OK, so we’re a PR agency in Manchester- a social media specialising tour de force. Obviously then, that means here on Mount Street we’re constantly monitoring the networks that have, until recently, been growing exponentially.
Of course it hasn’t been plain sailing for all parties involved. My Space is fast becoming a ghost town, and while the far superior Sound Cloud has taken up the journalistic and record industry mantle it’s clear we will never again see people adopt a platform designed specifically for music in order to keep in touch with their friends. Which shouldn’t surprise anyone who has ever sat in a room full of people with no CDs and very few MP3s, but a Spotify account keeping the laptop red hot.
Which is a shame, as it’s certainly a sign there is less of a community being built around what we listen to. However, look across the rest of the web 2.0 vista and the picture has been very different. Twitter continues to grow exponentially, a new member signs up to LinkedIn every second, and Facebook is predicted to reach 700million members in the very near future, although even if that doesn’t happen it would still be the world’s third most populous country if they raised a flag right now. That’s the kind of statistic that drops jaws, like Brooklyn being the fifth largest city in the US, except for the fact it’s actually part of New York.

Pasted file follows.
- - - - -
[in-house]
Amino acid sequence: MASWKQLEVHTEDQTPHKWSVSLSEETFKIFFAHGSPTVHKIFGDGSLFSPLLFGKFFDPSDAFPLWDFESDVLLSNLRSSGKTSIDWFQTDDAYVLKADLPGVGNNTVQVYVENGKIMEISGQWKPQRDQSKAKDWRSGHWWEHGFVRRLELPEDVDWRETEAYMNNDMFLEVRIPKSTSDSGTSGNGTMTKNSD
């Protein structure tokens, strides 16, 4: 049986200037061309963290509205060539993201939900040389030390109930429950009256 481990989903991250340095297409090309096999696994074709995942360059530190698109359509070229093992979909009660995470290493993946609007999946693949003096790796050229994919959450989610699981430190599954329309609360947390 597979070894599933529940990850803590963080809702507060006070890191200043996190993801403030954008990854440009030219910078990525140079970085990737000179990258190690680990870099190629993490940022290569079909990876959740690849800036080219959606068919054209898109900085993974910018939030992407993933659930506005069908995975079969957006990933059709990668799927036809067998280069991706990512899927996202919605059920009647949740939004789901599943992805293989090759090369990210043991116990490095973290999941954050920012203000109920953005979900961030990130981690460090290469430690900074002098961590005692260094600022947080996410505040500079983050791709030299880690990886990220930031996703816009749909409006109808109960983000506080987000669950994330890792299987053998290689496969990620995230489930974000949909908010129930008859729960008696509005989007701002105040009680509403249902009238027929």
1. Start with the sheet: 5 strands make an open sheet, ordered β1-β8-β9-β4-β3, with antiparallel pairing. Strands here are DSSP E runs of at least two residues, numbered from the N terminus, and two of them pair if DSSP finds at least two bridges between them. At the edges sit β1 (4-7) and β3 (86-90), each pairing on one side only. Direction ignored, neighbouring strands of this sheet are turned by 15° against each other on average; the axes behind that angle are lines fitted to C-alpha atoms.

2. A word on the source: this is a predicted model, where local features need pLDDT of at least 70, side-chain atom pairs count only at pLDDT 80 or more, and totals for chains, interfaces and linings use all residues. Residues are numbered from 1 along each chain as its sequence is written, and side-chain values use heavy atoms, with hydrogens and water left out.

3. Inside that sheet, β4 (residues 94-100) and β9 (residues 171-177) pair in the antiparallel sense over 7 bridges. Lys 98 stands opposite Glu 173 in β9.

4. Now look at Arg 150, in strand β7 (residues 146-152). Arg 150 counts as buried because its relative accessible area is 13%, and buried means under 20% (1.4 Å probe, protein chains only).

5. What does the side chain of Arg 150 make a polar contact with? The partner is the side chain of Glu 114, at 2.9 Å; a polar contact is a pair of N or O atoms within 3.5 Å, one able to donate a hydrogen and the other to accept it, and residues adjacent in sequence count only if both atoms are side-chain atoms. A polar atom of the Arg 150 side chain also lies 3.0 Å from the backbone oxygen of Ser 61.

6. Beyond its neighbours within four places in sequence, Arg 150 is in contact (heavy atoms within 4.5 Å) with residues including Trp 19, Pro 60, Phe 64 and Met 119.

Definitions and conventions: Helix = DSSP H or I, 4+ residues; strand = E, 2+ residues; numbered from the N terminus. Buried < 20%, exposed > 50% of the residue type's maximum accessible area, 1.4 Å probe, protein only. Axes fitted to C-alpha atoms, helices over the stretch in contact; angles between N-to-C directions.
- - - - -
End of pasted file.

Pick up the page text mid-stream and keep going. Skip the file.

Digressions to one side in short more and more people have been signing up, with the lure of status updates and 140 character messages spreading into almost every possible territory. Until recently, when signs started to emerge suggesting that the world’s number one network may have peaked in popularity. Worse still, this is happening in key areas. According to Inside Facebook, Mr Zuckerberg’s brainchild lost 6million US users in May 2011, along with a further 1.52million from the Canadian faithful, while in Russia, Britain, and Norway some 100,000 people moved out of the online neighbourhood.
In total month-on-month growth for the social network was at 11.8million in May this year. In 2010 it averaged out at 20million new users per month. It’s certainly too early to tell, and we’re never ones to jump ship at the first sign of fracture, but whichever way you look at things these numbers are significant, regardless of how many web browsers continue to use the service. Whether the fall continues or not remains to be seen, but one thing we can take from this is another lesson in realistically embracing new developments. Because, like dial up internet, the standard is, by default, always in a state of flux.